There are currently over 1,000 root servers operating in the global root server system, enabling real-time communication among the four billion Internet users around the globe. Some of these servers are in Russia. Root servers operate on the principles of neutrality and impartiality and have nothing to do with the content of the messages they forward.
But what happens when locally operating root servers are confronted with national laws that replace neutrality and impartiality with legal obligations to “Russia first”? President Putin has already offered the “Russian Root” to the other BRICS countries: Brazil, India, China and South Africa. Roughly 1.5 billion Internet users live in the five BRICS countries. Does the Internet then break down into a BRICS-Internet and an ICANN/IANA-Internet?
Attacks on the Infrastructure
Lastly, we’ve started to see the erasure of the red line that thus far separated cyberattacks from physical attacks against an enemy. After a series of cyberattacks by the Palestinian organization Hamas against elements of critical infrastructure in Israel, the Israeli air force destroyed a building in the Gaza Strip that was used as the headquarters by Hamas’ cyberhackers. Does Internet infrastructure run the risk of becoming a casualty in future global conflicts?
All of these attacks against elements of the technical public core of the Internet, as well as unintended side effects from reactive national regulations, have the potential to undermine the stability of cyberspace. So it is encouraging to see some movement on that front from certain global stakeholders.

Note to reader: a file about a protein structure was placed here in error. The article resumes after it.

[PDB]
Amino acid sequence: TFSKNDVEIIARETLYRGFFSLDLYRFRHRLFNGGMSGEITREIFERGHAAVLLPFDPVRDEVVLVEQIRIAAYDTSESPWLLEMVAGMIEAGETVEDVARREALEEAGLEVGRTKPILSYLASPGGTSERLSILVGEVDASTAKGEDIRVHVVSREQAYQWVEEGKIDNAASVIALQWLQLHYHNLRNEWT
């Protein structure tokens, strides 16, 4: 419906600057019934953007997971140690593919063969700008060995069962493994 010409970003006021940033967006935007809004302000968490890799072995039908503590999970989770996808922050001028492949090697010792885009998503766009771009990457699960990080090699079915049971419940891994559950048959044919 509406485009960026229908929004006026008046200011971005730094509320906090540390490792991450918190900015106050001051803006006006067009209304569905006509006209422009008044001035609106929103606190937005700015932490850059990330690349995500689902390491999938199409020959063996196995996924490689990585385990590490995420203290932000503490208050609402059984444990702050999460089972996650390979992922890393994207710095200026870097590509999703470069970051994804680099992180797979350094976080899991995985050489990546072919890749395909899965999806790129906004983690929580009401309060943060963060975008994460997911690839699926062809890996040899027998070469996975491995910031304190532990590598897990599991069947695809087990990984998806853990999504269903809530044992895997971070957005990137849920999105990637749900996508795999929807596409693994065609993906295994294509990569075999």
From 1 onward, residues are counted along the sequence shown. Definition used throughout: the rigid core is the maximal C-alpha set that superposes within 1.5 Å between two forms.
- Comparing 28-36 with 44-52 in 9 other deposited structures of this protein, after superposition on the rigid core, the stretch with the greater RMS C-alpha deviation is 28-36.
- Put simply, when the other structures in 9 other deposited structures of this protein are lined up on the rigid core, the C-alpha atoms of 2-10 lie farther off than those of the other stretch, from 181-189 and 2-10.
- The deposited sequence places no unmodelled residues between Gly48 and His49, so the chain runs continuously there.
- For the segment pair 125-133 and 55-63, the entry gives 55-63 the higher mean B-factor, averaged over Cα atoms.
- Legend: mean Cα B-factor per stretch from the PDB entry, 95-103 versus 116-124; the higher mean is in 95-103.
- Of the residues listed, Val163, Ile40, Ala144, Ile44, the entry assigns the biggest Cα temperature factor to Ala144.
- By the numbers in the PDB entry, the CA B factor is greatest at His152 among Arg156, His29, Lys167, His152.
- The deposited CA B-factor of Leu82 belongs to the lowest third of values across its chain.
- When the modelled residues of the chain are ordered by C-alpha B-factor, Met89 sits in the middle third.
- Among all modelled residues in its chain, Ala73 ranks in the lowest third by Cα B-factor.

Safeguarding the Internet Architecture
In 2017, the Global Commission on the Stability of Cyberspaceproposed adopting a universal standard for the protection of the public core of the Internet. Under this standard, state and non-state actors would be prohibited from attacking the core technical components of the global Internet: the Domain Name System, IP addresses, Internet protocols, routers, servers, cables and satellites, among others.
This idea later found its way into the new EU cybersecurity directive from April 2019 and the Paris Call for Trust and Security in Cyberspace from November 2018. The Paris Call, published at the occasion of the centenary of the end of World War I, included 64 governments and 672 non-state actors—including most Silicon Valley companies.
However, the governments of China, Russia and the U.S. have not yet signed the call. Chinese Internet giants such as Alibaba, Baidu, Tencent and Huawei have also not signed.
Last year, when Paris hosted the Internet Governance Forum (IGF), France’s President Emmanuel Macron denounced digital unilateralism and demanded an innovative multilateralism for the Internet. He proposed that governments and non-state actors develop and implement policies and regulations for the global Internet jointly. This was a great plan for a long march.
Creating a Contract To Protect the Internet Core
Long marches begin with first steps. The Internet is too complex to be covered by one single negotiation process. But it does need a broad framework that offers both general stability as well as the flexibility to address individual multistakeholder arrangements for the 500-plus Internet-related public policy issues.
Where will the driving force for something like this come from? There are a number of options based on existing mechanisms such as the IGF, the London Process Conferences, or the aforementioned Paris Call. New ideas might also come from the UN High-Level Panel on Digital Cooperation, established by UN Secretary General Guterres in June 2018, or the two new UN Working Groups under the First Committee of the UN General Assembly.
Time is running out. A “wait and see” approach is growing harder to justify. A pact to protect the public core of the Internet must be the next step. Cybersecurity